Frequently asked questions
Do people die from Parkinson’s
The general consensus is that Parkinson’s disease does not directly cause people to die, but the more advanced symptoms can lead to increased mobility difficulties and poor health. Advanced Parkinson’s can make some people more vulnerable to serious and life-threatening infections. However, with advances in treatment, most people with Parkinson’s disease now have a more or less normal life expectancy.
Is there a cure for Parkinson’s
At the moment there is no cure for Parkinson’s but medication to manage the symptoms. Huge amounts of money is spent on research and occasionally there will be a flurry of excitement about ‘discoveries’ which you then, disappointingly hear nothing else about. It is worth getting involved in research though! Ask your consultant or nurse if there is any opportunity locally as this can help forward understanding of the disease.
At what age do people get Parkinson’s
The risk of developing Parkinson’s increases with age. Most people are over 50 when diagnosed but younger people get it too.
How is Parkinson’s treated?
Medication is usually the main treatment, but a multi-disciplinary team approach is the best practice. You may not need all the healthcare professionals at once, but you should have access to:
- Parkinson’s Nurse – we are lucky in Northamptonshire to have a few! Tel: 0300 0272 277
- Neuro physiotherapy – your nurse or GP can refer you to your Neuro Physio if you have seen them before you can call them on 0300 0271 310
- Occupational Therapist – for aids and adaptations: 0300 126 100 or you can self-refer online – see our useful numbers section.
- Speech and Language Therapy – your nurse or GP can refer you but if you have seen them before you can call on 0300 0270 027
- Adult Social Care Northamptonshire: 0300 126 1000 – for non-medical support.
Will I be able to continue to drive if I have Parkinson’s?
Having Parkinson’s doesn’t mean your licence will be affected. However, you do need to let DVLA know you have been diagnosed. They will then send you a self-assessment questionnaire for you to fill out and return. Call them on 0300 790 6802. Obviously, if you do not feel safe driving you must not drive! Some medications can cause drowsiness and if you have any concerns then discuss this with your GP, Parkinson’s Nurse or Consultant. You must also tell your insurance company that you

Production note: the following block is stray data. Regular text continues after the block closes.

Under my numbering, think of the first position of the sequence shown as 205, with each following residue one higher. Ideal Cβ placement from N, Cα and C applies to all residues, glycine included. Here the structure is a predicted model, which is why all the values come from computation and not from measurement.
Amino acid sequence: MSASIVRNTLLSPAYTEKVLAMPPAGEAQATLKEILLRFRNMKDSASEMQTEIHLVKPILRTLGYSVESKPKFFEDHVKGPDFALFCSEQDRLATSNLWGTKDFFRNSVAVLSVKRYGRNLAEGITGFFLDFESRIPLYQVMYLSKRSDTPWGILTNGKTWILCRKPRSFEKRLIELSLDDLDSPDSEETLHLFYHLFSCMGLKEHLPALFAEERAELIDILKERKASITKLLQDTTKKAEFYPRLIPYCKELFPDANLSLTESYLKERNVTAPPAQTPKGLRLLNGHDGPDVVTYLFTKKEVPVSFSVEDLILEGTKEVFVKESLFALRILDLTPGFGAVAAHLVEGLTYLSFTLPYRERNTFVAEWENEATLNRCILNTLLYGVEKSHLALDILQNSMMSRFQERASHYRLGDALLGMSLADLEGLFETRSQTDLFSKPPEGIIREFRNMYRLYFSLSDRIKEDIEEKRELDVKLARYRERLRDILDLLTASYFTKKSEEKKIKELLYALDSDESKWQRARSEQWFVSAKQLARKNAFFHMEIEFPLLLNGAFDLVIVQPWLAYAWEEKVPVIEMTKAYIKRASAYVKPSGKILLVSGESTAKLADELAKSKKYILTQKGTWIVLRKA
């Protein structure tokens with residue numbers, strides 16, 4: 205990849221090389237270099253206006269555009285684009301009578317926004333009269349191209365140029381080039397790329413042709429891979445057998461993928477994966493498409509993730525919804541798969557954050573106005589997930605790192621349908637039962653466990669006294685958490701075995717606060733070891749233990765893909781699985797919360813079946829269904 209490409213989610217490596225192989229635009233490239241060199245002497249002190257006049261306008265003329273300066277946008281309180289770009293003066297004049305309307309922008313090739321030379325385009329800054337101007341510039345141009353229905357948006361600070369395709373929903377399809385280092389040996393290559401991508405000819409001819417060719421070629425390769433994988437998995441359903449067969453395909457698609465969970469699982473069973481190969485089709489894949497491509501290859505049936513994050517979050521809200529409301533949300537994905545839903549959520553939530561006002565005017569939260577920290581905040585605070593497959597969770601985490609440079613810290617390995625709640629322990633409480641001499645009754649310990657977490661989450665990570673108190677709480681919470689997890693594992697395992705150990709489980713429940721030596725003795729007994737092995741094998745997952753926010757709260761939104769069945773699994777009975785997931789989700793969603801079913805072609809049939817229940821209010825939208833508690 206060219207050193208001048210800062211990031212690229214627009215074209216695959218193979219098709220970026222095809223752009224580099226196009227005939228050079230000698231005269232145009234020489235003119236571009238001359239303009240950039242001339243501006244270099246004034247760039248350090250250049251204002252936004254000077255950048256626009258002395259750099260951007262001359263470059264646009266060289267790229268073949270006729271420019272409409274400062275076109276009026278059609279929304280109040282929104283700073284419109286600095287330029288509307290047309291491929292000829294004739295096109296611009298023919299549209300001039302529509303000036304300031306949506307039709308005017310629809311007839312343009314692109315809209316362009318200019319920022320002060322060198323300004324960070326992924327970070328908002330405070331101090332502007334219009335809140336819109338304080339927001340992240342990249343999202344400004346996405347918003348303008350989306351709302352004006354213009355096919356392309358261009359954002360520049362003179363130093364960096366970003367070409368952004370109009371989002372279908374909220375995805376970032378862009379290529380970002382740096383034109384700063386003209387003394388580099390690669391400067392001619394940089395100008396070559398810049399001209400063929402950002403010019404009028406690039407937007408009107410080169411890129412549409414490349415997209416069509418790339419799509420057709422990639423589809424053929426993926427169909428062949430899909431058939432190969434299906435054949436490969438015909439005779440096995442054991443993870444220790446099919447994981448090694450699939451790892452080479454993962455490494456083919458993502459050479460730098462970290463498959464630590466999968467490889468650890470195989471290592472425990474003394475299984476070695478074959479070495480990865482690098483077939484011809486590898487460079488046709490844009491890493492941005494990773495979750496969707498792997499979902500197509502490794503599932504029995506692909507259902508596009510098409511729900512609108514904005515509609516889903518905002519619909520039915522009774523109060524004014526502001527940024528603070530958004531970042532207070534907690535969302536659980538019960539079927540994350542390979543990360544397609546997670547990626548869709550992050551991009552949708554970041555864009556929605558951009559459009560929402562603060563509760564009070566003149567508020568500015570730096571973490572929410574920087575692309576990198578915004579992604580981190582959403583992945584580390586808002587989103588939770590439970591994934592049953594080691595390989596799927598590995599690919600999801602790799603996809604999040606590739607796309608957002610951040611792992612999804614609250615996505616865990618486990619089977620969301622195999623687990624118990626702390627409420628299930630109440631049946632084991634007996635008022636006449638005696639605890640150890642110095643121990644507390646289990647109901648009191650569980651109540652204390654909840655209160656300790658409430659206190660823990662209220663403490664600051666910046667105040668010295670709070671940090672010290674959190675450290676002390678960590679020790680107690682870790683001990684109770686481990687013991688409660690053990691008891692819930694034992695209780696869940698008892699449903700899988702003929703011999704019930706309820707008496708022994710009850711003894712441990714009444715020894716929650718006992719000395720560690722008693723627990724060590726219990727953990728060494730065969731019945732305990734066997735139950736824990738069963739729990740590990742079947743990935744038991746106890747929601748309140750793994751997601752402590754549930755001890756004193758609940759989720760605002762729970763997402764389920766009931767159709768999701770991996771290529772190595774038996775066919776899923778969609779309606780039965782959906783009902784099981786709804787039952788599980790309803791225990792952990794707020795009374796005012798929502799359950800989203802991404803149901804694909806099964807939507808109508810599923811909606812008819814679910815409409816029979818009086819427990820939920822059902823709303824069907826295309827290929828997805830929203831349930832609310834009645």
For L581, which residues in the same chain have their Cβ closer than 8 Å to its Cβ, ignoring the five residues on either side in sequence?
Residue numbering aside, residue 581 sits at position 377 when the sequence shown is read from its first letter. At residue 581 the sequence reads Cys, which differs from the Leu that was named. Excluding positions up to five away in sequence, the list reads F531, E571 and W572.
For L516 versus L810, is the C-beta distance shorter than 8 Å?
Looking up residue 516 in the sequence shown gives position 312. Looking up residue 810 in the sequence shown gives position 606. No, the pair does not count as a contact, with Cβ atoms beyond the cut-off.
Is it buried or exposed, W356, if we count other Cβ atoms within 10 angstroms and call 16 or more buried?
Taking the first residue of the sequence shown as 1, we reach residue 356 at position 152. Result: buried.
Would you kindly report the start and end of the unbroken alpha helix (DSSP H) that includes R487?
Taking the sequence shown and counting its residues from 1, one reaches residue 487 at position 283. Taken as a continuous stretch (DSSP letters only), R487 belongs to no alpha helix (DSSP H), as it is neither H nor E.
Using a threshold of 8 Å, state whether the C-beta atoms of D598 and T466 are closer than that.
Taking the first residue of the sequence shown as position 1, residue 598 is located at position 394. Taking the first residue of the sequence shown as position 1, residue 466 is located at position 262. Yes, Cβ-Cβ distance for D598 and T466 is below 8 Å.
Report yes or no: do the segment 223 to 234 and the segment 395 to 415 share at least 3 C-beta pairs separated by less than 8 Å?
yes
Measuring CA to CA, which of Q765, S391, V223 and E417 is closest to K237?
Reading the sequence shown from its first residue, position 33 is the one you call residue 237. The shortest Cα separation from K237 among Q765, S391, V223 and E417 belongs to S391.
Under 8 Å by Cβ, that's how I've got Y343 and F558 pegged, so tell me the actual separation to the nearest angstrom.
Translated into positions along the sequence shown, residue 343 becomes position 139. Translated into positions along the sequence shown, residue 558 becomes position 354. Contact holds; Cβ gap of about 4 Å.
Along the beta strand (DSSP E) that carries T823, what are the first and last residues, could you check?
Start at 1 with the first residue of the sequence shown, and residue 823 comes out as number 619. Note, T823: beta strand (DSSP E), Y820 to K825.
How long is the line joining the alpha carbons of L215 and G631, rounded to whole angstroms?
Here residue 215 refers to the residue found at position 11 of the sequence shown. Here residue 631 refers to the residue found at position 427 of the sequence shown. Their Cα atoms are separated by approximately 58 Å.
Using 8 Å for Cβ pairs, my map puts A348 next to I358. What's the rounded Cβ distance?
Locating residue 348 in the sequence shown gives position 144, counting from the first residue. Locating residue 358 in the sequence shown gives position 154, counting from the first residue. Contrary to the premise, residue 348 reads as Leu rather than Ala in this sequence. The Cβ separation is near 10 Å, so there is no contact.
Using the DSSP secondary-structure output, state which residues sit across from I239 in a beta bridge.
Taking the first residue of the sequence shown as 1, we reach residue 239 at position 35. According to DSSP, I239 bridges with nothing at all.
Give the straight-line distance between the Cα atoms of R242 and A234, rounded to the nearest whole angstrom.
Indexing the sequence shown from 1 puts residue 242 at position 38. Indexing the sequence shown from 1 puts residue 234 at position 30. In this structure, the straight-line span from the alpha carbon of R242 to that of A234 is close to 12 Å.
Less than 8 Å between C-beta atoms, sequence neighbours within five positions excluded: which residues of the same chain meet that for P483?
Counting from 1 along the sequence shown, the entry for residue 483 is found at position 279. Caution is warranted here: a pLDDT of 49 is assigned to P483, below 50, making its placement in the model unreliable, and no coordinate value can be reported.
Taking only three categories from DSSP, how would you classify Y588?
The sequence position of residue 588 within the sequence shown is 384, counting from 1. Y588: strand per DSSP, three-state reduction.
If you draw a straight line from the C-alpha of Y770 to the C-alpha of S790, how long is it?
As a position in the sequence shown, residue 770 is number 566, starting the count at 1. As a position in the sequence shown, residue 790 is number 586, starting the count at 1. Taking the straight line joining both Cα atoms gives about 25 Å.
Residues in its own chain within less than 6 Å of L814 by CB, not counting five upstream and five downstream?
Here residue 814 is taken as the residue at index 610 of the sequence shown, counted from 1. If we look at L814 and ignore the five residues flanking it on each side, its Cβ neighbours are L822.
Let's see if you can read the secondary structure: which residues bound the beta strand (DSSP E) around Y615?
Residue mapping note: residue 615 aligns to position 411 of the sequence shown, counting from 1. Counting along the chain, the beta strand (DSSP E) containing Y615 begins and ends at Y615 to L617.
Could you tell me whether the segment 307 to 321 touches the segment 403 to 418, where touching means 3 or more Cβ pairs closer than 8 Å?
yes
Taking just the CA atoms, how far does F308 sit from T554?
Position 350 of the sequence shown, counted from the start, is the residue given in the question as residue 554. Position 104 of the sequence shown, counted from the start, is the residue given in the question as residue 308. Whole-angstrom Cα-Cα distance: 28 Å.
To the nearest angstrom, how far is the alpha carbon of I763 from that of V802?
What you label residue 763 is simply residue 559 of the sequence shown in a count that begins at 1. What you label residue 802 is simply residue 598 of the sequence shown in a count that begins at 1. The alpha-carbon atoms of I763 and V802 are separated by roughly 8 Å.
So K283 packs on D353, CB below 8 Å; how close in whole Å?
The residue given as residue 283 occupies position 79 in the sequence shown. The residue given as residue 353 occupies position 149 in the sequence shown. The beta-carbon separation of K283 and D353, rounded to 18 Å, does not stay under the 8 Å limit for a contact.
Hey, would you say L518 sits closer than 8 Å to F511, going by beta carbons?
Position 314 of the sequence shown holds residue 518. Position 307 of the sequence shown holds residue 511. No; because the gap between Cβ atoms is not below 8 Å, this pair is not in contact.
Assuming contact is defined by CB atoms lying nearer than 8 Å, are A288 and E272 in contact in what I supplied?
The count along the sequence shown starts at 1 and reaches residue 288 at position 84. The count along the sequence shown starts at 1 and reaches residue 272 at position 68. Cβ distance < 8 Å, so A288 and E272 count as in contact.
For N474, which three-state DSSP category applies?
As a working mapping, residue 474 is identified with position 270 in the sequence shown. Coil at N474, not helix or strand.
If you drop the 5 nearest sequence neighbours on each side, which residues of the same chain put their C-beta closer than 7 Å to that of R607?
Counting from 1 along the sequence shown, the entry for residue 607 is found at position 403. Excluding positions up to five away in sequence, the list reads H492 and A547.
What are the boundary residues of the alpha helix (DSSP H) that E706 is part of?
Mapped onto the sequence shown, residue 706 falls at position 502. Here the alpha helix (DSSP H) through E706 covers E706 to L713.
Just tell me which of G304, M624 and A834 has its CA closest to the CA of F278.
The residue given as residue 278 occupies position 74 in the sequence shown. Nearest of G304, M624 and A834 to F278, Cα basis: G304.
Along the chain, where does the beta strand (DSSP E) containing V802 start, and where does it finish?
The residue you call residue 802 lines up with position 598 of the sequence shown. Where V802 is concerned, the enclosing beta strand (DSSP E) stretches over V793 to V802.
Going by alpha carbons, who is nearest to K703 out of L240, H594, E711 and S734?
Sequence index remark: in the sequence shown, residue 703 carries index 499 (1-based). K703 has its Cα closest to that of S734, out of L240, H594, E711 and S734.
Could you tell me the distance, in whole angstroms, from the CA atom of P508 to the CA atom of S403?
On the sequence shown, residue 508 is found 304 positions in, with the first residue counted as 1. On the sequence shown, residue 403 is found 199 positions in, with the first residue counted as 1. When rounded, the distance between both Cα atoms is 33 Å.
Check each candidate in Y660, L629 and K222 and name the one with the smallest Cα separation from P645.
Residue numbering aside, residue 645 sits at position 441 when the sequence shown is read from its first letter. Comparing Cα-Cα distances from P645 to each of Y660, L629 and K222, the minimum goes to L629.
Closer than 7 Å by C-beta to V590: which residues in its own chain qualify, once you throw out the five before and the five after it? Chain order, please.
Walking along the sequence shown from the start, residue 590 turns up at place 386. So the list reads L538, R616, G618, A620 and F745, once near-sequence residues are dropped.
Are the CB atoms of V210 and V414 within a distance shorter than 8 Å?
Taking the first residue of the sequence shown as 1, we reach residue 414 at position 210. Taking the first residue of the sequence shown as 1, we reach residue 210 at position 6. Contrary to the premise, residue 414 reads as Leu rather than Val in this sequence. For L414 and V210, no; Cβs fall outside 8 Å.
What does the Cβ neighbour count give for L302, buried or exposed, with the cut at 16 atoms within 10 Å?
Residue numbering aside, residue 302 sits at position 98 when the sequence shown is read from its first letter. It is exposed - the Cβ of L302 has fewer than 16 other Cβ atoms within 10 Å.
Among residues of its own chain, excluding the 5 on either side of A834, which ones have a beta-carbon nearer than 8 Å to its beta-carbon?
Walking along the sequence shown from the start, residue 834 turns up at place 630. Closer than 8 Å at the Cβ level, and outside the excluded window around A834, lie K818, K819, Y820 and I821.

have been diagnosed. We do not know of anyone who has had their premium increased due to this disclosure.
Will I be able to carry on working?
Having Parkinson’s doesn’t mean you have to stop working. Work is important for many reasons, not just income. Many people really enjoy their work and gain great rewards such as self-esteem, confidence, positive routines, connection to others and personal satisfaction. If you need to or want to carry on working perhaps small changes could be made to accommodate your particular needs. Your employer has a legal duty to provide ‘reasonable adjustments’ to support you if necessary.
However, if you decide to stop working it is important to consider the implications, such as the financial and emotional impact. It is worth knowing that sometimes when people are first diagnosed it can take a while for the treatment to become effective. On some occasions for certain people the first type of medications given may be ineffective. However, changing to a different type may do the trick. Therefore, it is very important not to make any rash decisions before the medication effect has
Can I carry on with my activities/exercises/hobbies/clubs?
YES YES YES It is really important to keep doing the things you enjoy doing. Staying or getting fit and keeping active is extremely beneficial in fighting the symptoms of Parkinson’s.
Can I claim any benefits?
You may be entitled to benefits if your Parkinson’s symptoms are affecting your day to day activities. Personal Independent Payment – (PIP) is a non means test benefit that helps with the extra costs of a long-term health condition or disability for people aged 16 up to age 65 (or State Pension age whichever is higher). It is gradually replacing Disability Living Allowance (DLA).
Attendance Allowance – (AA) is a non-means-tested benefit for people of State Pension age or older. It is to support people who have difficulties or need help with daily living due to disability or illness. Employment Support Allowance – (ESA) You can apply for ESA if you are under State Pension age and you have a disability or health condition that affects how much you can work. You can apply whether you’re in or out of work. There are conditions to working while claiming ESA.
It’s worth noting that your spouse, partner, relative or friend can also claim carer’s allowance if they assist you (see our useful Numbers page)
If you are entitled and have claimed these benefits you may also be eligible for other financial support. You may also be entitled to a blue badge if you are having mobility issues. If you want help with any of these benefits and would like to discuss your options call Angela on 01327 612333
How many people have Parkinson’s
In the UK there are approximately 127,000 with the condition and each year about 10,000 people are diagnosed. This figure increases yearly with diagnoses rising gradually due to our growing and ageing population.
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